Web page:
After trying without success change from windows to ubuntu (dual-boot unsolved problems), I decided to try slack as I have seen that user to user support for slack is usually best oriented and faster.But I am having some problems in order to install slack because of GPT support. As I know its a bad idea to start to asking for help without speak what I have tried, lets to this first:
At first I tried just to boot from DVD and went through the install using the help inside the disk. It doesn't work because either fdisk and cfdisk that are suggested in help doesn't offer support to GPT.
After that first try i looked to:url
But also it suggest the use of fdisk. However, it suggested too that I could use another partition application and since I have the live cd for ubuntu, I tried to partition from there and use those partitions for installation.
At first I tried to format as ext4, but i discovered that slack still dont offer support to this format (at least the version that I downloaded).So I tried again but this time using ext3 as format to my / and /home and use the swap offered in the application for use as swap (duh!)But every time I try to install using the dvd it doesnt find my partitions with fdisk, only with the parted command I can see my partition table displayed correctly.However, every time I try to run setup it say that it didnt found and linux partition (swap also when i try to target).So this is my dilemma, I cant use fdisk, in the parted manual (url) it only says that it supports ext2 (not mention ext3) and also i dont find any command to use with parted to mark the partition as 82.I ran through this 2 other posts (url), but as I am still waiting for some update there I decided to ask it here hoping to discover that this is an easy problem.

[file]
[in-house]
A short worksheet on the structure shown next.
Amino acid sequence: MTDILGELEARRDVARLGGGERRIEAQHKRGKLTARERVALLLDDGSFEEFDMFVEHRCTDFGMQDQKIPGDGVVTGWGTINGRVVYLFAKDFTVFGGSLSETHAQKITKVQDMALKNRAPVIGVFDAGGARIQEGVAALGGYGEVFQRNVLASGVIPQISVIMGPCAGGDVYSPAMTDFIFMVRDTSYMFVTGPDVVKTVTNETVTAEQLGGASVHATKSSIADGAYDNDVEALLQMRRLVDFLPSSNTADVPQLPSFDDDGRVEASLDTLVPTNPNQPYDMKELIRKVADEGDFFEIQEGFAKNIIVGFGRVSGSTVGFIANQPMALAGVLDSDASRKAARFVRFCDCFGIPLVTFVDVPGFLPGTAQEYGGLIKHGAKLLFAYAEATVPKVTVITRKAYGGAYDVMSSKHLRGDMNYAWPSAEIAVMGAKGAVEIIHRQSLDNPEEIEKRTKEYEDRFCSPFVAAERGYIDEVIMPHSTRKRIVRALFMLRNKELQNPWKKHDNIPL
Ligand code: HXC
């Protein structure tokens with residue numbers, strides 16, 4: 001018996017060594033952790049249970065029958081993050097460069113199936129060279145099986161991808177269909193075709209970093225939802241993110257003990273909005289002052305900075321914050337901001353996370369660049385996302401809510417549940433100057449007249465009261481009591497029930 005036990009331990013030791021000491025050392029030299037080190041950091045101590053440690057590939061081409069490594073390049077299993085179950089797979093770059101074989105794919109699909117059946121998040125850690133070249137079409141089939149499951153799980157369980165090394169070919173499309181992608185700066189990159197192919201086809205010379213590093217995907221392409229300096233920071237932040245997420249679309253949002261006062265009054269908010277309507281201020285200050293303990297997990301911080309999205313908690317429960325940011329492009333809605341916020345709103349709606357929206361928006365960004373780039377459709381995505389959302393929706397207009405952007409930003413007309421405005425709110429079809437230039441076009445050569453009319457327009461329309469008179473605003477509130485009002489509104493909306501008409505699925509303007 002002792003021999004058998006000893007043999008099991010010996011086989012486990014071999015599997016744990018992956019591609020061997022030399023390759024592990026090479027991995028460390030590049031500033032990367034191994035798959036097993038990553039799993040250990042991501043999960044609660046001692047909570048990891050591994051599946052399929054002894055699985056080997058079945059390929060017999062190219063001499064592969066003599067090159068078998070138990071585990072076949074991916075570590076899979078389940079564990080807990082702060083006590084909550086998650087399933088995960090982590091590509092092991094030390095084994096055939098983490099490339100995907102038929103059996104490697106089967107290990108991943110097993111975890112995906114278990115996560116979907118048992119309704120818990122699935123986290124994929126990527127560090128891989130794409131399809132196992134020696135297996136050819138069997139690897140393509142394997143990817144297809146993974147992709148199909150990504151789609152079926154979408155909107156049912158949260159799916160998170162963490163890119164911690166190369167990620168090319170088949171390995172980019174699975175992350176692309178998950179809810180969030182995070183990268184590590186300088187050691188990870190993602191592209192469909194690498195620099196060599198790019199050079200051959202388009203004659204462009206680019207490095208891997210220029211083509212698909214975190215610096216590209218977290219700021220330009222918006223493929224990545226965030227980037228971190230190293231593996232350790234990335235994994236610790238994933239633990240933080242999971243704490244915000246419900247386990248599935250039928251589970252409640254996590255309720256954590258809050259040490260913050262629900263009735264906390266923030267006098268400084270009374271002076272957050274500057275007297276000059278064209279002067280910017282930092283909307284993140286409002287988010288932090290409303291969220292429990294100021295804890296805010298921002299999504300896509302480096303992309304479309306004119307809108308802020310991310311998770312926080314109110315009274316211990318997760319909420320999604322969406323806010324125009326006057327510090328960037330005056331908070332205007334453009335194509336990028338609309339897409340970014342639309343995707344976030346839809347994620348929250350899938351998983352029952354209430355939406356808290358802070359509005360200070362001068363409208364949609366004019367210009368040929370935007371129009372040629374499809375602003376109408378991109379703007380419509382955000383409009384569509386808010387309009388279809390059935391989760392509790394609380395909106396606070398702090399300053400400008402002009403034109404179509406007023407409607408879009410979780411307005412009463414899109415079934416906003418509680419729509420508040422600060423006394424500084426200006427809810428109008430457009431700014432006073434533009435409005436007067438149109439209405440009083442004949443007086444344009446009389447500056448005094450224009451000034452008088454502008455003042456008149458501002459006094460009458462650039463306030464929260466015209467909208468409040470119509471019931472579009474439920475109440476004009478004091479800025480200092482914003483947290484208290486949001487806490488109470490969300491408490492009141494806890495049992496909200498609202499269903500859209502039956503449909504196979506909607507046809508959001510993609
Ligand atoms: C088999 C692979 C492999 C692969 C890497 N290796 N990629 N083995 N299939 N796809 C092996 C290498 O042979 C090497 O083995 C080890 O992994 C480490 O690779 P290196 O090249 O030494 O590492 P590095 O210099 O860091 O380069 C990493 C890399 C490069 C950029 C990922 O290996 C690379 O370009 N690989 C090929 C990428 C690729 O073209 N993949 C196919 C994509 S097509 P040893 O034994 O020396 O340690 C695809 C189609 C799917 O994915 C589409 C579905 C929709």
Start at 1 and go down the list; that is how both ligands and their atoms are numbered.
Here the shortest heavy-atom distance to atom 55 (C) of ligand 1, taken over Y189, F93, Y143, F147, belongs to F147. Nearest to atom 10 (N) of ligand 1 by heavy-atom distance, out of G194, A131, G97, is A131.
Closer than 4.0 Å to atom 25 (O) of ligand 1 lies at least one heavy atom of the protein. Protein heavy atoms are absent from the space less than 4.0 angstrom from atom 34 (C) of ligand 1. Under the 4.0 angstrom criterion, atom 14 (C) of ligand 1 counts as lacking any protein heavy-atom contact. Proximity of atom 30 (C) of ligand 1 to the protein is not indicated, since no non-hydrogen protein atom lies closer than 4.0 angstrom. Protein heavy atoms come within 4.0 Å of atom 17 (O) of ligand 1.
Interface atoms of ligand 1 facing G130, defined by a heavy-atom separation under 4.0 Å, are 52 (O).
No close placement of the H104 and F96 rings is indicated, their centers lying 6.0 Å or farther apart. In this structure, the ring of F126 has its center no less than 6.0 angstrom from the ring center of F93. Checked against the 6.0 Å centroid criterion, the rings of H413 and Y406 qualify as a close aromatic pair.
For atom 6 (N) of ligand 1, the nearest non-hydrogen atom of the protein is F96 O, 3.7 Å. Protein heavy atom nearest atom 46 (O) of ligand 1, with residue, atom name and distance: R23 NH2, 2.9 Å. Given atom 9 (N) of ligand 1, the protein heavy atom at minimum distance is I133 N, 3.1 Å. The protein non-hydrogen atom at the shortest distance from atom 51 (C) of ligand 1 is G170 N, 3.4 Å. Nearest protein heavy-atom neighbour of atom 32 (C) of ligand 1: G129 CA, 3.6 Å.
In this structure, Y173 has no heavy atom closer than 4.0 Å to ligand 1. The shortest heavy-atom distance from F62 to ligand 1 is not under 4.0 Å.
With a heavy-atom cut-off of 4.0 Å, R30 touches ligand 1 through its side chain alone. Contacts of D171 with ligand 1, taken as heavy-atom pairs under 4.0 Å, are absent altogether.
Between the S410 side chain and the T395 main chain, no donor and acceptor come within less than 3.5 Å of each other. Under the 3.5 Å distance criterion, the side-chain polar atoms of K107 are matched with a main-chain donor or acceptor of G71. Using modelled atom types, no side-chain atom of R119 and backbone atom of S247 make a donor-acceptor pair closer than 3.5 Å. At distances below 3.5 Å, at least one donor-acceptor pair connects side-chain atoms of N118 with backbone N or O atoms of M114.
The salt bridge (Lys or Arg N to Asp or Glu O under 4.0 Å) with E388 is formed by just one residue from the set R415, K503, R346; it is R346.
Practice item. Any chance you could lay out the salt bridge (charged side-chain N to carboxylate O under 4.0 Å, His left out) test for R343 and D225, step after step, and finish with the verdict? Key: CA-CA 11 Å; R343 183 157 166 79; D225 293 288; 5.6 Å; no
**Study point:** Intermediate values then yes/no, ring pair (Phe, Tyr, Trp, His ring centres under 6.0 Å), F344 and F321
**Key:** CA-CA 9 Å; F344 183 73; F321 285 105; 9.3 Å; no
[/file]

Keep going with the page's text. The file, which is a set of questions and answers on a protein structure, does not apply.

It seemed that it would be simple enough: take the 'f' option in the expert menu of fdisk to put partitions in order after a gap had been created by a deleted partition and then make corresponding changes in /boot/grub/grub.conf because the root partition was shifted.
Well, it didn't work out that way. No matter what I try, I either see the error 15 at Stage1.5 or the error 28, which is even stranger (file does not fit into memory). All this before I even see a grub menu. It just does not get that far.
Does anyone want to take as stab at guessing what might have happened here and whether I have a chance at recovering without having to reinstall? I can provide concrete data, if anyone would be kind to give it a try. Hoping that this is a known problem and something can be guessed from what I stated here but I can be as specific as needed, just don't want to generate noise if there are no takers.
So the other day I got myself a nifty ThinkPad x100e. I immediately removed windows 7 started, and installed UNR 10.04.It has a 250GB hard drive, which I decided to partition, so that I can keep all my stuff on the new partition, and then a fresh format or install of the OS would be easier.After struggling to take ownership of my own damn partition after creating it and mounting it, I discovered a rather interesting problem. I KNOW the partition is empty, but when I right click and go to properties, it says that 10GB is already used? This is rather confusing to me
I have Ubuntu in one partition . The partition is about to be full..I have a spare partition which I thought could merge with the existing..But I guess it is not possible. I am slightly confused with the way linux stores the files. There is a root directory and within that there are boot ,Var,tmp and home..
Suppose I install an application from a package manager , I really do not understand where the path is ...Supose I want to store certain new applications in the spare partition , how do I tell the system? Also while installing it doesnt give a choice regarding the path ...All I see is a couple of files exracted and when it completes , it sits on the menu neatly. From a storage perspective how do you gain control? Say in Win , normally any package will ask for the path which you can customize..How do you plan the storage of files in Linux?